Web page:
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Letters from Home: Teaching thankfulness

By Ann Mann

There is no better teacher than life. I was watching the Eagles and Chiefs play football on Monday Night Football and was reminded of something Eagles Quarterback Jalen Hurts says. It goes something like this, “You either win or you learn.” For him, there is no losing, and I could not agree more.

Things don’t always go our way. We can either feel sorry for ourselves and have a little pity party, or we can learn from the experience. First Thessalonians 5:18 encourages us to “give thanks in all circumstances, for this is God’s will for us in Christ Jesus.”

Scripture does not say we are thankful for the circumstance. I am certainly not happy my husband passed away suddenly. And I don’t think that was God’s will for my husband. We live in a broken world. Sometimes bad things happen to good people.

What scripture does say is to be thankful “IN” all circumstances. That means to be thankful no matter our circumstance. Our joy is in Christ, not in our circumstances. Trusting God in all things is how we give thanks in all circumstances.

We know this. So, how do we live it? How do we teach it?

I think about how to teach my grandson to give thanks in all circumstances. My daughter and her husband have made a good start. As I watch their interplay preparing the family feast, they constantly say please and thank you.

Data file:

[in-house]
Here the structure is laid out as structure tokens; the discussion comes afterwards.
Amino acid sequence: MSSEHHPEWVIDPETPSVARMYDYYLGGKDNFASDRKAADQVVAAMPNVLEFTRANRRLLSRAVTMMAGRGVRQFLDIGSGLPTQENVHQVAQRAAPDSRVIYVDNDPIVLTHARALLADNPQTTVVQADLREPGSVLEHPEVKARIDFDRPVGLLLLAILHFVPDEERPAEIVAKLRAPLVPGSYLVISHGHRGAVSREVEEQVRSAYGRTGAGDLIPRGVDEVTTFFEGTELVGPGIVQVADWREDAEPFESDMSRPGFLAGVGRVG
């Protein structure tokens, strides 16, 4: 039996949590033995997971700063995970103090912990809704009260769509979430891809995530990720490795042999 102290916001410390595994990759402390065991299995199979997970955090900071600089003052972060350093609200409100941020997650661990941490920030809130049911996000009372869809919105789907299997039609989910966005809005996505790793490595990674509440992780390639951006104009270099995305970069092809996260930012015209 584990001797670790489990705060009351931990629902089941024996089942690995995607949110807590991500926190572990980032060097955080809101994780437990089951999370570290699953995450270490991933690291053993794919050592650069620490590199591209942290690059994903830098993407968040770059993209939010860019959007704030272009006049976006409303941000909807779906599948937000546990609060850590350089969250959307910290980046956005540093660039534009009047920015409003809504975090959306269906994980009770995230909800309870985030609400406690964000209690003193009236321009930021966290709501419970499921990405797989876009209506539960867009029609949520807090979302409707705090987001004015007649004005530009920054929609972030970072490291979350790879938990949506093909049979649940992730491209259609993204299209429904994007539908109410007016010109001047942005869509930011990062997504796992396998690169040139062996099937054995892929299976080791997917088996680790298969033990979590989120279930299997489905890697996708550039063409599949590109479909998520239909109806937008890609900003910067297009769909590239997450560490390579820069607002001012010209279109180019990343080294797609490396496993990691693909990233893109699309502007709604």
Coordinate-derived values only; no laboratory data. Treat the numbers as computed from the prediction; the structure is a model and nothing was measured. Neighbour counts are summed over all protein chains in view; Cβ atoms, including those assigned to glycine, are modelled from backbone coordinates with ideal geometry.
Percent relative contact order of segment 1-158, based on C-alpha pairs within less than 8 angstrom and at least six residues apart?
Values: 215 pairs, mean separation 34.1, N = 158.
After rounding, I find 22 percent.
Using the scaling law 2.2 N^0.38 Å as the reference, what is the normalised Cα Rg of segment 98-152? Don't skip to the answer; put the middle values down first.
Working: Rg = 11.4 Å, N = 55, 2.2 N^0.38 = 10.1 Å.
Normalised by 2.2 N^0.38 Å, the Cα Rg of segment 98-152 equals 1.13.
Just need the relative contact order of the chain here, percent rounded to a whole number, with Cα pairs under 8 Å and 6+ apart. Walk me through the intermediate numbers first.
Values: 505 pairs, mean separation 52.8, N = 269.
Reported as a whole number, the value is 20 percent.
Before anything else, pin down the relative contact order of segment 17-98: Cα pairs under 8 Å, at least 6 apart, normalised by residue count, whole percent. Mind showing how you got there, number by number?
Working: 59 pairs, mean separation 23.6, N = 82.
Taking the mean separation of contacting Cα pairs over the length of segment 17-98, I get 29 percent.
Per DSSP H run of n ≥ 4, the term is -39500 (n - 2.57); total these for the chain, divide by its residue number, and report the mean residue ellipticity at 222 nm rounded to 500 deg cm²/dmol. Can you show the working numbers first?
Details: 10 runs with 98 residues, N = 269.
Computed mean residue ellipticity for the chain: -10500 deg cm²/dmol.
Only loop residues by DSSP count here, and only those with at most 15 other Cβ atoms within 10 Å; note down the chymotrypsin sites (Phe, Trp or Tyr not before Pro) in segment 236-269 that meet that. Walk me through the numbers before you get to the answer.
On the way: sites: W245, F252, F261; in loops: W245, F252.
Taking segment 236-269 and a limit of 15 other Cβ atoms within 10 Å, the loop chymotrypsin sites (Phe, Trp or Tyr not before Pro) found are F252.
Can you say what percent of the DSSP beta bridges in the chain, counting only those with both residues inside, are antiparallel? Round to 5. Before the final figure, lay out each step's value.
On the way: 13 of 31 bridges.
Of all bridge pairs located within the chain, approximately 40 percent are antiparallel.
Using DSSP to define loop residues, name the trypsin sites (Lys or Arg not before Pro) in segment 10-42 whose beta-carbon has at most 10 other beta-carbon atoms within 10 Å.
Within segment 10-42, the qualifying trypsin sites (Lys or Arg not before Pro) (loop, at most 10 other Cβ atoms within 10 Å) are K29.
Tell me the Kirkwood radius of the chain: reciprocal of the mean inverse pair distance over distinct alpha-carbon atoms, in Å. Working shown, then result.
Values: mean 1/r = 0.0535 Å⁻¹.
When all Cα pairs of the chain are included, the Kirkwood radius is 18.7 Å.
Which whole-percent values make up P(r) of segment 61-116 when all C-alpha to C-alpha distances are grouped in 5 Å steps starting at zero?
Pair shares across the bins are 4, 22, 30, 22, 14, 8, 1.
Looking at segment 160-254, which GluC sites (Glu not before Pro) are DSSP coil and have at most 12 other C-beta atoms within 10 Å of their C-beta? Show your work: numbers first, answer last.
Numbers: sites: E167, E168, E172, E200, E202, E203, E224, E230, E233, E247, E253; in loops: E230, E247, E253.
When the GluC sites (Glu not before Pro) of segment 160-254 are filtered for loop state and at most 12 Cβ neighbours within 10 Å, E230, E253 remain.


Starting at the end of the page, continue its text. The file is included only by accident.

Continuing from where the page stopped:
Saying please and thank you. It seems so simple, yet we don’t hear it as often as perhaps we should. This habit of giving thanks needs to be taught at a young age and reinforced for a lifetime. It is a lesson we teach best by the way we live our lives.

My Mom and Dad sent me to charm school. I learned how to walk with a book on my head. I learned how to set the table. I learned to cross my feet at my ankles when I was seated and to put my napkin in my lap when eating a meal. But the lesson that was drilled into my head week in and week out was to say please and thank you.

Saying please and thank you is a habit we must work on every day. The best way to grow in this habit is to recognize God’s many blessings throughout the day. Even in my season of grief, I see God’s blessings everywhere.

One of the ways we can cultivate an attitude of gratitude is to make it part of our daily conversation. I am talking about our conversations with God (prayer) and our conversations with each other. How about asking each other how we have seen God’s blessings. Ask the question every single day. Consider recording God’s many blessings in a journal.

Another way to cultivate an attitude of gratitude is to meditate on scriptures about giving thanks. There are countless verses that encourage thankfulness. One of my favorites is Psalm 100. Meditate on each line of that beloved Psalm, and watch your heart be changed by God’s lovingkindness.

Giving thanks in all circumstances is not always easy. But it is vital to our growth in our relationship with God. Trusting Jesus when perhaps we do not understand why something has happened is how we find joy no matter our circumstance. And of course, the best way to teach thankfulness is to live it. Saying please and thank you are a good start. It is a great life lesson.

Ann Mann is an Emmy Award winning journalist, now serving as pastor to Barnesville First United Methodist Church. Her email is

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